A funny thing happened on the way to reforming the Hollywood Foreign Press Association. The entertainment industry started imagining the permanent demise of the corrupt 79-year-old cabal of Hollywood correspondents. While some publicists, talent, and distributors consider the January Golden Globes telecast as a vital link in the awards ecosystem, others are rooting for the HFPA to disappear forever.
Back on February 25, 2021, under pressure from NBC, which broadcasts the annual Golden Globes and is trying to negotiate down the 8-year $500-million TV rights deal signed in 2018, the beleaguered Hollywood Foreign Press Association vowed major change. NBC canceled the 2022 Golden Globes show to allow the HFPA time to institute a long list of reforms, which began taking shape in April 2021. Also holding the group’s feet to the fire was a consortium of publicists and Amazon, Netflix, and Warner Media, which refused to supply talent for interviews until long overdue reforms were made.
At the start, many of the 87-member group welcomed the chance to clean up their act and fix what was broken. The group was splintered into factions, and only the threat of extinction persuaded some of the more hidebound members to reluctantly approve new bylaws last August that mandated changing their governance and Board of Directors (adding three outside non-members), eliminating barriers for future members and supplementing their ranks with new members of color, requiring sexual harassment and Diversity, Equity, and Inclusion (DEI) training, banning gifts and paid travel, hiring an independent law firm to handle any grievances, and making all members sign a new code of ethical conduct.
Sure enough, the HFPA added 21 new members last October, increasing their members by 20 percent. Now the total membership of 105 are 57.1 percent women, 17.1 percent Asian, 11.4 percent Latinx, and 5.7 percent Black. They no longer have to live in Southern California or write for print publications. The new recruits live all over the United States, and can file their reports (or now, photography) for any foreign television, radio, print, or online outlet. New members can immediately vote on the Golden Globes, participate in board elections, and serve on committees. The HFPA will continue to welcome new members every year, and makes public on its website the names, country representation, and the diversity demographics of its membership.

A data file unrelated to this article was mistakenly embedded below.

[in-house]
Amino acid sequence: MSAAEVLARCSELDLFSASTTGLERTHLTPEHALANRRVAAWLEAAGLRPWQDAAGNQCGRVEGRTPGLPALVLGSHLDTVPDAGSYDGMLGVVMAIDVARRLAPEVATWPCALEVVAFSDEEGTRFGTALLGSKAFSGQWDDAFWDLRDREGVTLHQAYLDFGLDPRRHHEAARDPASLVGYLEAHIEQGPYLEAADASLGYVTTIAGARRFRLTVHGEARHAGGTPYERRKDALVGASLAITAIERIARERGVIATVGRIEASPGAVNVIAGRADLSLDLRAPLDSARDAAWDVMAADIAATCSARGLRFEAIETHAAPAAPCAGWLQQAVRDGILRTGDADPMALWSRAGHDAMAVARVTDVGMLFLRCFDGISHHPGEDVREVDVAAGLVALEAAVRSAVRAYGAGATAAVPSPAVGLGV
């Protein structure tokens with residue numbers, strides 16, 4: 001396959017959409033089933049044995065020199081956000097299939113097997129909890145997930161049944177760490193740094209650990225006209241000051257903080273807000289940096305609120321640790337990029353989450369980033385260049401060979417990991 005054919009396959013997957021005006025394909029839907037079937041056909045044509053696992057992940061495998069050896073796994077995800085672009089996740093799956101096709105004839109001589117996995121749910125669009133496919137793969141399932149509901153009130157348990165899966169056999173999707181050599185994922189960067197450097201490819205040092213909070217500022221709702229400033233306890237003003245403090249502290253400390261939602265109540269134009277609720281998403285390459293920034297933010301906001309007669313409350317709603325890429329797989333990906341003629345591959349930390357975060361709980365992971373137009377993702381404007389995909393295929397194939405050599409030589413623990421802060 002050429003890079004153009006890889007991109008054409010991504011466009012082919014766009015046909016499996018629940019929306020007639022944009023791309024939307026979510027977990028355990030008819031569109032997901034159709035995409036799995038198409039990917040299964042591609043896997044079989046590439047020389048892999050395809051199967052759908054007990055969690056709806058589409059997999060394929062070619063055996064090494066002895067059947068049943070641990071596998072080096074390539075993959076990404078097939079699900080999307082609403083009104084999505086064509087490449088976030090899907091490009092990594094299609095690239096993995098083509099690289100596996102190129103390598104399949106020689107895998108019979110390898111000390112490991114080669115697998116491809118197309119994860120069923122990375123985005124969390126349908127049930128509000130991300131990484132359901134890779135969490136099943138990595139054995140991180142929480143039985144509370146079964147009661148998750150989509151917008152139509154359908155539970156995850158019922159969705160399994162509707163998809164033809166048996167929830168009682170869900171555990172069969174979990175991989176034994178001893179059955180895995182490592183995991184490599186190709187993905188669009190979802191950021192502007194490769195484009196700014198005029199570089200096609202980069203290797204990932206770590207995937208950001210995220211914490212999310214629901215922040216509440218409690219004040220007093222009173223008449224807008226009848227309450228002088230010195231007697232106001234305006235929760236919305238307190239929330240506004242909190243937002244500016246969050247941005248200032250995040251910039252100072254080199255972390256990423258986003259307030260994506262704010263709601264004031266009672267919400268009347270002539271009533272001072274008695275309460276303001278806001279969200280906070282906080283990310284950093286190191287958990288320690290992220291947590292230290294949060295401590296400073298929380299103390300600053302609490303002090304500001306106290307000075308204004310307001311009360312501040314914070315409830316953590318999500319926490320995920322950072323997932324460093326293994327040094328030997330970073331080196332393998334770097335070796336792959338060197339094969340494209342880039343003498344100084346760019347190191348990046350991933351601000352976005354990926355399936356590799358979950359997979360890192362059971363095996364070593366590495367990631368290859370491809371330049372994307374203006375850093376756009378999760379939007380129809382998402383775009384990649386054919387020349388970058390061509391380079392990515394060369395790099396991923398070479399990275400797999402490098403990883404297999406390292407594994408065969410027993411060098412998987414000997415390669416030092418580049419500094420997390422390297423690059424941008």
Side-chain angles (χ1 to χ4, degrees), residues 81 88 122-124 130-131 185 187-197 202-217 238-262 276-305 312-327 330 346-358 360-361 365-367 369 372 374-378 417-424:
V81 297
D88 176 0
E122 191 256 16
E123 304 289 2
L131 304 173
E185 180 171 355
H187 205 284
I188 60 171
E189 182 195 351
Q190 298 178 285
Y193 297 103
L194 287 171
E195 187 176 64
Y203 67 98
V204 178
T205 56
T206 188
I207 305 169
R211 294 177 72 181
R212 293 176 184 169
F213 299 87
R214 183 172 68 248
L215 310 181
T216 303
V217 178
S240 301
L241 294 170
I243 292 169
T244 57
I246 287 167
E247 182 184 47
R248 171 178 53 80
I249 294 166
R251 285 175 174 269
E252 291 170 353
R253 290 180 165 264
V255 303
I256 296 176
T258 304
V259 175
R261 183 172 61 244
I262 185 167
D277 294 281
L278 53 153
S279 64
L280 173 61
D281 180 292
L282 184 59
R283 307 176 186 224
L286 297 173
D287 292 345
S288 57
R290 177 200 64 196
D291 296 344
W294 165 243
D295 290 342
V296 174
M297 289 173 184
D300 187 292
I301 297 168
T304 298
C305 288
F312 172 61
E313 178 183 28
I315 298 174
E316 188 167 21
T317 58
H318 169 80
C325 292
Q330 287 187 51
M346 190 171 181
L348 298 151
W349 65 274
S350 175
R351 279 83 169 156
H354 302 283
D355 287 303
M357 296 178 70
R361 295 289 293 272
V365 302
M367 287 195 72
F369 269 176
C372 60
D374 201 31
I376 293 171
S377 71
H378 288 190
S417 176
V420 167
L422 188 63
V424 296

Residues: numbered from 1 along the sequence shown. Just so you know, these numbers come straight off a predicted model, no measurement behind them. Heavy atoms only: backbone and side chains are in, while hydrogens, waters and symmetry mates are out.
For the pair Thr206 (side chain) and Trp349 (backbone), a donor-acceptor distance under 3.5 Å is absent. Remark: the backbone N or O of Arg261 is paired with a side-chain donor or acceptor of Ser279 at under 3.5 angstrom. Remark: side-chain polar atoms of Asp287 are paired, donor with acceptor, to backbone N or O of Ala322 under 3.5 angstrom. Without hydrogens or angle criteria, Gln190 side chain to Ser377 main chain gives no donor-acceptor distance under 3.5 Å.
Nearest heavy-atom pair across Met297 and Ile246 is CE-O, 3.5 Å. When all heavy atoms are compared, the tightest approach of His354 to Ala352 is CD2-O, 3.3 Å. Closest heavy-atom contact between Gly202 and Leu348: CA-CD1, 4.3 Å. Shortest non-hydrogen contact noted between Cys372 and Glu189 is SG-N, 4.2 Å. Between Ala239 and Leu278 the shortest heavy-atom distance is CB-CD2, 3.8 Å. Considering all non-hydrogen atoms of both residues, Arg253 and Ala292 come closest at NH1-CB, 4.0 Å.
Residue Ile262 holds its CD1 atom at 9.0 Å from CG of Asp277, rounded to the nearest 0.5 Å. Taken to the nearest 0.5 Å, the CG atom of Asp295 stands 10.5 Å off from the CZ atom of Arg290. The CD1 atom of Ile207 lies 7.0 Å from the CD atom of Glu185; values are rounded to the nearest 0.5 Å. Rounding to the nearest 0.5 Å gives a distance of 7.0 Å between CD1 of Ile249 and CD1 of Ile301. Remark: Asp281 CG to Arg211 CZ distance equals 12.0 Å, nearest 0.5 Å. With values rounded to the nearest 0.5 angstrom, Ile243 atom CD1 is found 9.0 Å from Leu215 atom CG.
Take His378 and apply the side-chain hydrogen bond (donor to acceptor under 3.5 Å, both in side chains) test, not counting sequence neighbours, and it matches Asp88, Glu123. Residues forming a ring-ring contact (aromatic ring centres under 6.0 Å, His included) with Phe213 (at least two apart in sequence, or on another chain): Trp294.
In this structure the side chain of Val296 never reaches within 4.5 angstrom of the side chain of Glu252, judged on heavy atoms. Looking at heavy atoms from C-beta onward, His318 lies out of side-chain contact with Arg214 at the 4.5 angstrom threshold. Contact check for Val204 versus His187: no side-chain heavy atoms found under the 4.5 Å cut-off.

This transformation has morphed the veteran media group, many of whom had lost their cultural relevance, into a more vital organization, and assuming that the Golden Globes returns in January 2023, a changed awards show as well. There are now people of color at every decision-making level in the HFPA.
Running the organization for the last year as interim Chief Executive Officer is sports entrepreneur Todd Boehly, who owns Dick Clark Productions, which produces the Globes and has a considerable stake in their continued success. Boehly has steered the HFPA to fashion their new profile, which includes hiring their first Chief Diversity Officer, Neil Phillips. Still underway is a search for new Chief Financial and Chief Human Resource Officers.
But the HFPA made a critical mistake. They did not cull their own ranks. After going through the motions of making all members reapply for membership under eligibility requirements that demanded proof of active employment, whether freelance or staff, the HFPA accredited everyone. Some powerful personal publicists (including forceful Kelly Bush Novak of IDPR) are still holding back their clients, insisting that the HFPA has not gone far enough, as this August a new nine-person credentials committee with more independent outsiders (including Tre’vell Anderson), is vetting old members as well as new applicants.
Meanwhile, the clock is ticking for the next awards cycle leading to the January 8, 2023 Golden Globes on NBC. Here’s what we know.
1. Some publicists (including Novak) are demanding not only that weaker members be kicked out of the organization, but the addition of far more new members in order to create a much larger HFPA that is not dominated by the old guard. While some press agents represent clients (IDPR’s Elliot Page is one) who eschew submitting to the group’s often embarrassing press conferences, many others are ready to get back to the old awards schedule. The HFPA are considering adding outsiders who are not journalist HFPA members to vote for the Globes, in order to diminish the power and influence of the original voters.
“The publicists need to recognize that [the HFPA] have made the changes and move on,” veteran publicist Melody Korenbrot told me on the phone. “Everybody wants to get back to business. If we don’t embrace these people soon, all we will have is the Oscars, with no stepping stone for anybody. We are in the present and we need to look into the future. If we stay in the past, we are never going to move forward.”